As our church begins A1:8 Missions month, it is our hope that you will talk about missions and service together as a family. We are excited for you to hear a few first-hand accounts from our NCC missionaries who are serving in the countries about which your family will be learning!
It was during a 2010 short-term mission trip to the Bolivia Life Center with National Community Church, that God laid it on Brian McArthur’s heart to move back and work with the youth on a more permanent basis. Incorporating his love of the outdoors into a therapy program, he began to address the needs of trauma victims. In February of 2011, Brian went to live and work in Bolivia. We asked him to share about the work he is doing. Here is what he had to say.
Bolivia has many charms. Cochabamba is a city of about one million people in a high mountain valley with a climate similar to Tucson, Arizona. It’s dry most of the year, but we have a two month rainy season in December and January. That is my favorite time of year, because everything gets green and clean. It also happens to be when schools are out on summer vacation, which is when we run our summer programs with the kids!
The food here in Cochabamba is delicious, and it is said that people from Cochabamba “live to eat” rather than eat to live. One of my favorite meals is charque-kan, which is fried llama meat that looks like beef jerky, huge kernel corn, a couple of boiled potatoes, a piece of villager cheese, and some very hot sauce on the side. Cochabambans also love their pastries: we have salteñas, which are like soupy hot pockets; tucumanas, which are fried hot pockets stuffed with potato; and empanadas, which are like rolls stuffed with cheese, and sometimes ham or hot sauce.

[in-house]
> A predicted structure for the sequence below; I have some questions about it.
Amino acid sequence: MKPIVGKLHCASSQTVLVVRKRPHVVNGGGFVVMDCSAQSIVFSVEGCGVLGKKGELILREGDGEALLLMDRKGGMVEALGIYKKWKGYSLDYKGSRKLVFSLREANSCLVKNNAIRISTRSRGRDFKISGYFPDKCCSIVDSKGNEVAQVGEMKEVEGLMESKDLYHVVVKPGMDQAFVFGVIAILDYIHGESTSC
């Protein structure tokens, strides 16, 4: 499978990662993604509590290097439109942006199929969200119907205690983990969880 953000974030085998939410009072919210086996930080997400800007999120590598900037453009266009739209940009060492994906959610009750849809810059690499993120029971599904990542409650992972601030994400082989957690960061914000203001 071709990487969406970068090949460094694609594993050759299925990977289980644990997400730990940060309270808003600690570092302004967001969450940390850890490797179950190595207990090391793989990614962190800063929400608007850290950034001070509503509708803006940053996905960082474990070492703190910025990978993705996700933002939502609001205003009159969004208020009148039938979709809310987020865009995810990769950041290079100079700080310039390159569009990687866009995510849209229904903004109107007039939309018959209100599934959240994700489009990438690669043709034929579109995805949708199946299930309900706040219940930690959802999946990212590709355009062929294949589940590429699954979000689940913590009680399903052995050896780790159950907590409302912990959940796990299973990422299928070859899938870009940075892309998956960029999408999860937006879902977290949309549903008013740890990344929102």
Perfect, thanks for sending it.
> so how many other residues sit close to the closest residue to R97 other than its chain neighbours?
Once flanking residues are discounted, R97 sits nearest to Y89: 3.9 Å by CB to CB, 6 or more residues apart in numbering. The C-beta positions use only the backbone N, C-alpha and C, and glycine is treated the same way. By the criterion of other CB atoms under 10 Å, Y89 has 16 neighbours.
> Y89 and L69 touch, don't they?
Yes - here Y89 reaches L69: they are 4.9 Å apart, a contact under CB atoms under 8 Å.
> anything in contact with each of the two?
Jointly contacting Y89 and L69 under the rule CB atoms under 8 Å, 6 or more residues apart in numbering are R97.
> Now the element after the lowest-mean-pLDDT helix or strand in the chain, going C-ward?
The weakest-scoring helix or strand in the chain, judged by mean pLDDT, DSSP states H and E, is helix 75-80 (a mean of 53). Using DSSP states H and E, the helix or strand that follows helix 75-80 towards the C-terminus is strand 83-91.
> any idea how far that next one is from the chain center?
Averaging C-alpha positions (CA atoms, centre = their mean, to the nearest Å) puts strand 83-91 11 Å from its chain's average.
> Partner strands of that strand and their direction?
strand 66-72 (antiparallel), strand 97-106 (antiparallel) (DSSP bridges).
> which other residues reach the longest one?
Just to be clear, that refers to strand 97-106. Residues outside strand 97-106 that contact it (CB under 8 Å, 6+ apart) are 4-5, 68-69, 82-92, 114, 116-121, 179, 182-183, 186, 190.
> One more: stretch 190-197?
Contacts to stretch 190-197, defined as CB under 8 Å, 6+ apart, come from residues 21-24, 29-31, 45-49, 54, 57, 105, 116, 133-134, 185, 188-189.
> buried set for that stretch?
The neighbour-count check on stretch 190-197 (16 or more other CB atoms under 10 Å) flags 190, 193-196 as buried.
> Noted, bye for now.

One of the great things about living in a mountain valley is being surrounded by mountains! Many times throughout the year, the peaks get dusted with snow, making a breathtaking backdrop to the city. The mountains are also full of small clearwater lakes, and trout fishing is popular. Nothing like landing a trout on the shore while a dozen llamas watch you. Another great thing about people living all throughout the mountains is that there are little footpaths everywhere. Of course there is no map; you have to go looking! Bolivia is a very untamed country, full of wilderness ripe for exploring. Cochabamba itself is called the garden city, or land of eternal spring (not a bad place to be a missionary, right?) and if you drive one hour to the east, you crest over the very edge of the Andean mountain range and plunge into the Amazon basin. The foliage and climate change instantly (literally within 15 yards, I am not exaggerating), from dry and cold to warm and humid, with windswept alpine grasses giving way to palm fronds and tropical flowers.